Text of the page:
The bigger the dream, tougher are the challenges. This belief of mine was tested when I participated in the Antarctic Ice Marathon on 13 December 2018. At the time of signing up for this marathon, I knew that it would be the toughest and craziest thing ever attempted by me. The marathon is held in the interiors of the frozen continent, 600 miles from the South Pole. After running over a dozen marathons across the world since my heart bypass surgery in 2009, Antarctica was the fifth continent in my quest of running full marathons across all seven continents. Succeeding in this endeavor would put me in the pole position of becoming the rare heart bypass patient to accomplish such a feat, globally.
The budget for this event was steep but I did not want this opportunity to pass. Initially the thought of seeking sponsorships did cross my mind. But since I had managed to self-finance all my global marathons so far, the plan to seek external assistance for this run was shelved. As regards to training, my commitment and discipline were steadfast. I took the heat and humidity of my home city, Mumbai, in my stride and put in hours of practice. To make up for my lack of running experience in sub-zero temperatures, I also managed to pack in some short runs for a week in snow-covered Helsinki. When it came to mental strength, my confidence was supreme. I had overcome many challenges in the past couple of years and knew that my core virtue was resilience.
“I had overcome many challenges and knew that my core virtue was resilience”
However, just a few days before boarding my flight to Chile, I fell ill. Under the influence of heavy medication, I had lost my appetite and was feeling weak. But, it was too late to back out of the race.
The travel from Mumbai to the Union Glacier base camp set up at the foothills of Ellsworth Mountains in Antarctica itself was a big adventure. It took me over thirty hours of air travel spanning a four-flight journey to reach Punta Arenas in southern Chile. The following day, 50-odd participants from 16 countries boarded the Ilyushin IL-76D, a Russian transport plane which took four and half hours to reach the Union Glacier. Landing on a blue ice runway is risky, but the Russian pilots aced it. The base camp set up near the temporary runway consisted of brightly colored clam tents for participants and crew as well as a heated dining tent, which also doubled up as central meeting place for everyone at the camp. The staff and facilities at the base camp were wonderful.
The night before the marathon it snowed and weather deteriorated rapidly, leading to a near white-out situation. The Union Glacier landscape, which looked awe inspiring the day before, was reduced to a giant white canvas. With a poor visibility, energy sapping underfoot conditions, a wind chill of minus 15-degrees, frostbite, snow blindness and hypothermia, the list of perils on the race day was never ending. Also, at age 55, I was among the older participants.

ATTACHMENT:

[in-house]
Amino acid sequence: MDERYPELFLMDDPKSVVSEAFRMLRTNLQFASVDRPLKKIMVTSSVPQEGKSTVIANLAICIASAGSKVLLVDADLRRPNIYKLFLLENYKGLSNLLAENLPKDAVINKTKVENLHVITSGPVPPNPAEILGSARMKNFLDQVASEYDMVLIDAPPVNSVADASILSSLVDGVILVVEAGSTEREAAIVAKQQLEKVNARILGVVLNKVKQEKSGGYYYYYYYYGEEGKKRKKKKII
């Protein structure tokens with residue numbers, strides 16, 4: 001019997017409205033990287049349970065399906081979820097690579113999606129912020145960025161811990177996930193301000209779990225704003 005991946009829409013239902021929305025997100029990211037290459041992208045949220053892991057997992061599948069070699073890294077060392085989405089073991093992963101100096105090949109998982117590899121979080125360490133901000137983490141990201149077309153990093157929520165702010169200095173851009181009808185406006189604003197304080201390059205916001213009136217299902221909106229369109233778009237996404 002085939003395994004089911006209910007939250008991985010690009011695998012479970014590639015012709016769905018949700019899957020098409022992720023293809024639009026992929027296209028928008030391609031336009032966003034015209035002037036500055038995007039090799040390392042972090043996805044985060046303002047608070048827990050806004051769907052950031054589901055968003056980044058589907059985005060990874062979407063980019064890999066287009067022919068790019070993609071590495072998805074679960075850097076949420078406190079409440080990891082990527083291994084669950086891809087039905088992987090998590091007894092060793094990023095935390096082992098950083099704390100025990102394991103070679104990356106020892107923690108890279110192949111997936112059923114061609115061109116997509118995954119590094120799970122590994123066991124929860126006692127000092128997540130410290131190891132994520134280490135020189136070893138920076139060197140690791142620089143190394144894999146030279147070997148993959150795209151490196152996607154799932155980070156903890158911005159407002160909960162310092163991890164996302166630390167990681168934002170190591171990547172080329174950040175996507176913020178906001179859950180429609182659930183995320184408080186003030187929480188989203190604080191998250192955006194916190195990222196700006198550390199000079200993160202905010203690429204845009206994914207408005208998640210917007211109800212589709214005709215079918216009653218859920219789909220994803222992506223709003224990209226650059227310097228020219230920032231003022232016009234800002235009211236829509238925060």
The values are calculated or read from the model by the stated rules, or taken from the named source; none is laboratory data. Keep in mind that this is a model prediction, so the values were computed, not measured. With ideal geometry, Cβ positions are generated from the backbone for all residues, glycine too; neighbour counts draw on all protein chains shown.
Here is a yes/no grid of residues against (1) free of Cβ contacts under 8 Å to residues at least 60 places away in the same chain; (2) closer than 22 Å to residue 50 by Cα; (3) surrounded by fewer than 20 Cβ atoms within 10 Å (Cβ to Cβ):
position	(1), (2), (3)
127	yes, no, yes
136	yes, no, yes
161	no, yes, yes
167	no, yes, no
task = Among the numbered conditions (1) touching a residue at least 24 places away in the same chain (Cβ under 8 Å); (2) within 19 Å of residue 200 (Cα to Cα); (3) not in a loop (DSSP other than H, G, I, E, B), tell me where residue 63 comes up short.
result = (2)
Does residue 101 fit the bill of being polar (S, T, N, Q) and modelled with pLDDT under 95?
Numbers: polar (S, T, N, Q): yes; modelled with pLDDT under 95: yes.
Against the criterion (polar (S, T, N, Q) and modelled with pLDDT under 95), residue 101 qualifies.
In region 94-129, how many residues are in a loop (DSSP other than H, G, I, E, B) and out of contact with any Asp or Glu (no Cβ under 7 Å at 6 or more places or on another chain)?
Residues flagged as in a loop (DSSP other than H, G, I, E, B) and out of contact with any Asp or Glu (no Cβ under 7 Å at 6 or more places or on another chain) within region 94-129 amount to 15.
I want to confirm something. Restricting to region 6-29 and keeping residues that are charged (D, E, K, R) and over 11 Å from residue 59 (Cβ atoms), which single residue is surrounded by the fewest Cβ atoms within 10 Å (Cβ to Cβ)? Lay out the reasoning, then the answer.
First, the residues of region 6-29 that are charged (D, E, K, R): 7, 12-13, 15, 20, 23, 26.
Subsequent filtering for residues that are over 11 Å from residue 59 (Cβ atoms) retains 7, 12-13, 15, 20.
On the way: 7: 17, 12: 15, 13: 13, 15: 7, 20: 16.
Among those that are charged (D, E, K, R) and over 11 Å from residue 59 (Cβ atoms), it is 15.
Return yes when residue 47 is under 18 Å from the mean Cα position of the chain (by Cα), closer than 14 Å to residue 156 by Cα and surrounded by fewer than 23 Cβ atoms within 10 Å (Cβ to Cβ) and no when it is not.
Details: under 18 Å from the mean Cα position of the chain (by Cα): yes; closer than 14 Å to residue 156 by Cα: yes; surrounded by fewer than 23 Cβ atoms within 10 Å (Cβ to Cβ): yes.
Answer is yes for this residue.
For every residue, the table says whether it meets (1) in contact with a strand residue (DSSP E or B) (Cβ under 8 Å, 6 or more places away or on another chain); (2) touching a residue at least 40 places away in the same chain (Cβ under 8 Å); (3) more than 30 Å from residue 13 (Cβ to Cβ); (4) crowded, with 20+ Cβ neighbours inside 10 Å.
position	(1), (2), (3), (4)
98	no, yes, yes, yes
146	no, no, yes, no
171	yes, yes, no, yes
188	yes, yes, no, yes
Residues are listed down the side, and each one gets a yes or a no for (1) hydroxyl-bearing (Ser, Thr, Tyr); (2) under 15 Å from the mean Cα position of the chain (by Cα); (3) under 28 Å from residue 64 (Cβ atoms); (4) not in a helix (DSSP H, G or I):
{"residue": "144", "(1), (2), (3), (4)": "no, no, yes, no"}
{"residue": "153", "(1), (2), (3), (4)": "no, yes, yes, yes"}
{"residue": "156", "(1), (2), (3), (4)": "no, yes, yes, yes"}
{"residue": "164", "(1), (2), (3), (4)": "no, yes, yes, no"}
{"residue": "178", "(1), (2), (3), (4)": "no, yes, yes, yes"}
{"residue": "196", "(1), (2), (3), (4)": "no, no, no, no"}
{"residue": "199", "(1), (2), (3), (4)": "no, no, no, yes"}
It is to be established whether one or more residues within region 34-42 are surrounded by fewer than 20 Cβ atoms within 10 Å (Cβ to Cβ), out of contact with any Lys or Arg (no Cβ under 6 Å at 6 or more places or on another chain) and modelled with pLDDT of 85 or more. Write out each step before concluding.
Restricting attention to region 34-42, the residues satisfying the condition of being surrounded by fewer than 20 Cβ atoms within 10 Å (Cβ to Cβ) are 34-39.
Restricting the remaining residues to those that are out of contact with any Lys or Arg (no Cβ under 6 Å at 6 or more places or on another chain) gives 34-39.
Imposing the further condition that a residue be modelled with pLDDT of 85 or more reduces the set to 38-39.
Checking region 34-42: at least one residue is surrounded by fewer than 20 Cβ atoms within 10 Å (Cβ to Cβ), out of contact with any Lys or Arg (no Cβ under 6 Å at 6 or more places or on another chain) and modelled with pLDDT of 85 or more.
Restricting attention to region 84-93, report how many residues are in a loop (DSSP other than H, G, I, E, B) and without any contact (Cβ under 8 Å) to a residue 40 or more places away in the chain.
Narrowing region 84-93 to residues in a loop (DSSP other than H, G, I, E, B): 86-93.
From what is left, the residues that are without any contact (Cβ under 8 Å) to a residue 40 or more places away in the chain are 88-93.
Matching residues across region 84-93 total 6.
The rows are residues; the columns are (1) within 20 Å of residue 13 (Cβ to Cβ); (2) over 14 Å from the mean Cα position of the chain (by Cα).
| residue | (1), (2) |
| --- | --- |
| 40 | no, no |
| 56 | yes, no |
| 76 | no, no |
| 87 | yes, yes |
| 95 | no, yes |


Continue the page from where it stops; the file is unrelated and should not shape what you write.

Against such heavily stacked odds, I started my run on an active glacier in the coldest and remotest part of the world. All I knew was that this was not the time to rue over my recent illness or think of dangers that will get me down.
Magic at the Extremes
Three hours of running and I had barely covered 15 kilometers. I could sense my body shutting down slowly. My speech was slurring, and I could feel my jaw tighten. My body was screaming stop. The other fellow runners had by now dispersed into the white wilderness. The only sound that could now be heard was the crunch of snow below my feet and my heavy breathing. The small blue flags placed as route markers every few meters broke the monotony of this excruciatingly lonely route. In between, there were strong gusts of wind to slow me down further.
To complete the balance distance of 27 kilometers was a Herculean task. Though the finish time was a generous ten hours, the idea of being on your feet for such a long period of time in this hostile territory was daunting. The next seven hours was a period of intense focus and commitment. I needed to conserve my energy levels to reach the finish line. Till the halfway mark, I adopted the run/walk strategy: run between two blue marker flags, walk between the next two. The balance half-marathon distance was covered by walking, one step at a time.
By the time the finish line could be spotted, I had spent nearly 10 hours on the route. Thankfully, I had the company of Ray Quintana, a fellow participant, who opted to walk with me on this lonely route from the halfway mark. In the bargain, Ray gave up on his timing for a stranger whom he barely knew. The only request he had was that we should finish together. And we did, hand in hand, within the cut-off time. I am forever indebted to the support and encouragement received from Ray. His selfless gesture reiterated my faith in the magical power of kindness.
The finish was surreal. Nothing ever can beat the feeling of waving the Indian tricolor at the finish line of one of the toughest marathons at the end of the earth. It made up for all the hardships that I had undergone. In the end, it was hardly a race. It was more of an endurance event testing my physical and mental strength.
Post-race, we got stranded at the base camp for few more days due to poor weather conditions. It was a stressful time for the runners and their families back home. However, the camaraderie that developed among the exhausted runners over alcohol, food and stories was remarkable. For most of us, this marathon had fulfilled one of life’s most treasured dreams.
Running marathons teaches you that one cannot rest on past laurels. I am already dreaming about my next big challenge. I plan to sign up for the 2020 edition of Volcano Marathon in Atacama Chile, the highest desert race on this planet. The thought itself is giving me a runner’s high.
by Dhananjay Yellurkar, Chief Risk Officer at NIIF Infrastructure Finance Limited